Wayfinding is a very complex system that has various functions, but the most important is the function of informing people of the surrounding area. Not everyone speaks the same language, so pictures and simple words are used to convey whatever information is needed. The basic principles of wayfinding are based on simplicity and generalization. More specifically, the messages from the signs must be clear and concise, display only the information that is needed, and remove excessive information. The more complicated the images or words, the more confusing or distracting these systems of information can be. It is overwhelming enough for someone to be in a new place and not know where things are located, and signs can simplify this stress. Within wayfinding though, there are sub-categories that subconsciously tell people what to do and where to go.
Wayfinding can be broken down into 4 main types of signs: directional signs, identification signs, orientation signs, and regulatory signs. Directional signs answer the question “how to” and are focused on keeping people moving towards a destination, especially when at junctions or locations that have multiple options. Examples include signs at airports that direct you to baggage claim, restroom signs with a directional sign, and almost any sign with a directional signal. Identification signs indicate exactly where an individual is. Examples of this include exit and entrance signs, building sign name, and room number. Orientation signs are very similar to identification signs, but the easiest way to understand the difference would be that orientation signs can be imagined as “you are here”. Most places with many options have a “you are here” sign that shows the relationship to an individual and the location they want to be. The final type of sign is a regulatory sign. Regulatory signs tell an individual what they can and cannot do. Examples can be “no parking”, proper protection, speed limit signs. All these signs indicate how to find and behave in the environment you are in.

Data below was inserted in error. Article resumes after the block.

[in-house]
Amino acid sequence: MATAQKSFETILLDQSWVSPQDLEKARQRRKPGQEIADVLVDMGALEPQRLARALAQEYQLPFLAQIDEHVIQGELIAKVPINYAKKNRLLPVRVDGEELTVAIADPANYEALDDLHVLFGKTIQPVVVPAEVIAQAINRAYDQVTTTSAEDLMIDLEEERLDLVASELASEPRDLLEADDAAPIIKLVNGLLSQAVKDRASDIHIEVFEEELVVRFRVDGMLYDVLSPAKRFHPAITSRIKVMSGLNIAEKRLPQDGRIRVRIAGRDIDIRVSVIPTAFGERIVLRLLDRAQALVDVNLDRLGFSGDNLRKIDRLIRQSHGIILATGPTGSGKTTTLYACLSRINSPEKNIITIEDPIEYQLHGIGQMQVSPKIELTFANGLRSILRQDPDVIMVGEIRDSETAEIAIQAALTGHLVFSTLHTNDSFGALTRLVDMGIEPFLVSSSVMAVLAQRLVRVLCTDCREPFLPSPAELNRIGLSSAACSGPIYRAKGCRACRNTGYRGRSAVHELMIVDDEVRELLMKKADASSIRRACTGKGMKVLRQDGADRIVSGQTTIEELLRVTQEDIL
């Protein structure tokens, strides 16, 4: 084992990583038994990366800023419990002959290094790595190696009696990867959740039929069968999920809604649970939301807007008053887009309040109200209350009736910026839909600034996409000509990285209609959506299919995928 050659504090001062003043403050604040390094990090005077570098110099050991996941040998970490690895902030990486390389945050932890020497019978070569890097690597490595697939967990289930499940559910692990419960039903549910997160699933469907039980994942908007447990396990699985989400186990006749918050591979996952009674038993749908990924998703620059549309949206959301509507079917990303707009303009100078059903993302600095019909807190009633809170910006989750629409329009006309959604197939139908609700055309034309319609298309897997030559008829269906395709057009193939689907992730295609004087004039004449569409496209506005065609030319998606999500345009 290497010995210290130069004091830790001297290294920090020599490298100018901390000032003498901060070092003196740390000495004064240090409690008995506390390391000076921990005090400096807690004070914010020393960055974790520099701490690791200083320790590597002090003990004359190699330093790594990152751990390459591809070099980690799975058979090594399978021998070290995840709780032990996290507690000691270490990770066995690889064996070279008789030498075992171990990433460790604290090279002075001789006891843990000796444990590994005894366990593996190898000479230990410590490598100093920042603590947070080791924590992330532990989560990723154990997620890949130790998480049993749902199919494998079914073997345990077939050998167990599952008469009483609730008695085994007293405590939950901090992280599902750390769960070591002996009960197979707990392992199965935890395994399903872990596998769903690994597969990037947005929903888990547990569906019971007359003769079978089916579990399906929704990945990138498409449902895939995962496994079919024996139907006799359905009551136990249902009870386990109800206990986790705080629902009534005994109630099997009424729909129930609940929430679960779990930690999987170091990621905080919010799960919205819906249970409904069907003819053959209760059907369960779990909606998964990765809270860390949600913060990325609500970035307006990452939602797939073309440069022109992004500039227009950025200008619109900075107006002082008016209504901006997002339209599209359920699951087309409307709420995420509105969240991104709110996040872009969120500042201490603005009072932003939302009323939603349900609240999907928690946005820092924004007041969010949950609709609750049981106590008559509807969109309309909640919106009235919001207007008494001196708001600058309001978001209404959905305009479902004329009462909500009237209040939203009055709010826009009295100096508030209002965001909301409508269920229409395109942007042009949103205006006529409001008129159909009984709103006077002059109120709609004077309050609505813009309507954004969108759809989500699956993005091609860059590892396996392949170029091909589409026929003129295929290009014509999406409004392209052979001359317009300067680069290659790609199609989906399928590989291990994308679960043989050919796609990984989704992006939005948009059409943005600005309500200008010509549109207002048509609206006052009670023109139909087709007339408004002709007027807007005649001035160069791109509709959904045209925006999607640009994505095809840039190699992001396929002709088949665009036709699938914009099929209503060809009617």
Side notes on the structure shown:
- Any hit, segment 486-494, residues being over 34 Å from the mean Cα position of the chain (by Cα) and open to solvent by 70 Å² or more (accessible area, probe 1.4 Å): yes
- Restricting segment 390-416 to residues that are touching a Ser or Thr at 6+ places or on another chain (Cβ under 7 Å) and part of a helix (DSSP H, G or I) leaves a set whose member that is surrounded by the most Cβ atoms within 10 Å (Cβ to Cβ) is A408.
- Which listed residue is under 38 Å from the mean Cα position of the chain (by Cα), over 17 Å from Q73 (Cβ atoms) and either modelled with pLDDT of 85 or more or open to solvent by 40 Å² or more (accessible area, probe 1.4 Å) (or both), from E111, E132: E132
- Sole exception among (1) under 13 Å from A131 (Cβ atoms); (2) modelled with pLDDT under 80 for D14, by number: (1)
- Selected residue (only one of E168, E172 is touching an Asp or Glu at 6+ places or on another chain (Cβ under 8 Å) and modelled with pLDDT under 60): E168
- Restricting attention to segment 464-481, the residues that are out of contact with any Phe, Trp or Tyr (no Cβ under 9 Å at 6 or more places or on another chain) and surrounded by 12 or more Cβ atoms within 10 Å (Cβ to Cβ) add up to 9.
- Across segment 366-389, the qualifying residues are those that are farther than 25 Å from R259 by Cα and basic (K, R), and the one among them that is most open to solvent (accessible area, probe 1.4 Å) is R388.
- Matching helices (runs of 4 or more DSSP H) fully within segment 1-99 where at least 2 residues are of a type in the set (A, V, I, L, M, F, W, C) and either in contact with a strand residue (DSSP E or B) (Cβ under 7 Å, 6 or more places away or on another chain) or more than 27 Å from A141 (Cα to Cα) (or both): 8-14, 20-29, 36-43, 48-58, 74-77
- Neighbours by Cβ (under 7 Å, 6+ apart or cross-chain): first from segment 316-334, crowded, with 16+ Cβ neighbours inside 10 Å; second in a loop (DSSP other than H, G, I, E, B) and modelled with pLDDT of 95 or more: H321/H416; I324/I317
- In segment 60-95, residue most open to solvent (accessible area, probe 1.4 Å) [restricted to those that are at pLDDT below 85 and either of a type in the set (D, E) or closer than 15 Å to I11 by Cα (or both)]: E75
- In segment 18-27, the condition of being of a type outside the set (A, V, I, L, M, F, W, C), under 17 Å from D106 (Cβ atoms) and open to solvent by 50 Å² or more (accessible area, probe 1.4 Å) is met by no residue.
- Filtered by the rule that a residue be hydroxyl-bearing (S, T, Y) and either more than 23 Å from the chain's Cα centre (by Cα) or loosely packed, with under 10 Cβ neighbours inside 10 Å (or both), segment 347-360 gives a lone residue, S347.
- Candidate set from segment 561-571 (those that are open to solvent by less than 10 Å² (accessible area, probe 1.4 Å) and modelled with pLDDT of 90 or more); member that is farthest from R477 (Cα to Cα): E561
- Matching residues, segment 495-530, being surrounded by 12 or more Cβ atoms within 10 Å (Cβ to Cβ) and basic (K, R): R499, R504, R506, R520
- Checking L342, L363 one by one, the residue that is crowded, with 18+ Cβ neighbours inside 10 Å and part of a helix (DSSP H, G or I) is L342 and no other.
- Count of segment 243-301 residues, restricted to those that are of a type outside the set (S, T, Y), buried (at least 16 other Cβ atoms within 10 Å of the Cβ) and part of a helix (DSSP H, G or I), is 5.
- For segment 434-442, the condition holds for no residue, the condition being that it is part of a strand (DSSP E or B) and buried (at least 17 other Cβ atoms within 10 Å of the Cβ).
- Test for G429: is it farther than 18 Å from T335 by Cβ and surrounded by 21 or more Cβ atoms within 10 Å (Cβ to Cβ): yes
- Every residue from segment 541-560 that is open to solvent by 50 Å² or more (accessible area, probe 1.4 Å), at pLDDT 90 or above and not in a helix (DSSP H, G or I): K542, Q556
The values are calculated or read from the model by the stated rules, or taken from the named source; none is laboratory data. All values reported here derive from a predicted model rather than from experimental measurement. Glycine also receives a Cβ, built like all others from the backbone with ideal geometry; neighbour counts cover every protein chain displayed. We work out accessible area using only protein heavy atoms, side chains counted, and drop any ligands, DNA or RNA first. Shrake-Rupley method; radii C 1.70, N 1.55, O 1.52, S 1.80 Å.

Taking this background information, the assignment we were given was that we had to pick a location that we have very little knowledge about and identify what types of signs were used to get to the specific location. The location I picked was the Student Breakout Room B13 in Wilber Hall.
Initially, I broke down the basic information I knew about the location. The first piece of information was that the room was located in Wilber Hall. I knew that Wilber Hall was in between Park Hall and the Shineman Center for Science, Engineering, and Innovation. Once I had the building I moved onto the next piece of information which was the room number, B13. The B indicates that the room is in the basement of the building which meant that a stairwell needed to be found to get from the first floor to the second floor. The 13 also helped to be able to tell what numbers I should look out for when I reached the basement. With the key information gathered it was time to go to Wilber Hall and find the Student Breakout Room.
I initially entered from the Shineman first floor. The first indicator that I was in the right spot was a sign on the wall that stated “Wilber Hall”. This sign was located right next to the stairwell. After going down the stairs a hallway guided to an intersection. To the left was an elevator and another little inlet area, but not much more after that. To the right was an open space with a lot of classrooms and lounge areas. I went to the right and found numbers on each of the doors that were very close to the number 13. The first door I found said B11 and I followed down the hallway and realized that the numbers were going down, so I turned around and went back towards where I started. I happened to look in the open lounge area and my eye caught the sign saying B13.
When breaking down each sign I saw it was easy to distinguish. Signs that I saw related to directional signage included a sign at the top of the stairs before going to the basement indicating where certain rooms were on the first floor. Each number had an arrow next to it indicating which direction was the most efficient way to get to each location. I would have liked if there was another directional sign when you first reach the intersection after getting on the stairs in the basement. Identification signs I found included the name of the building on the outside, “School of Education”, and a sign on the inside, “Wilber Hall”. The room number, B13 is also categorized as this. I did not find any orientation signs at all. This made it very difficult because it is a nearer building that I have not walked around in and with all the twists and turns made it very difficult to orient myself. There were a few regulatory signs that said “Staff Only”, but other than that most of the rooms were free to go into. Using the techniques gathered about wayfinding and implementing them without the help of a computing device, I found the easiest route possible and found the room successfully.
Map made by Delaney.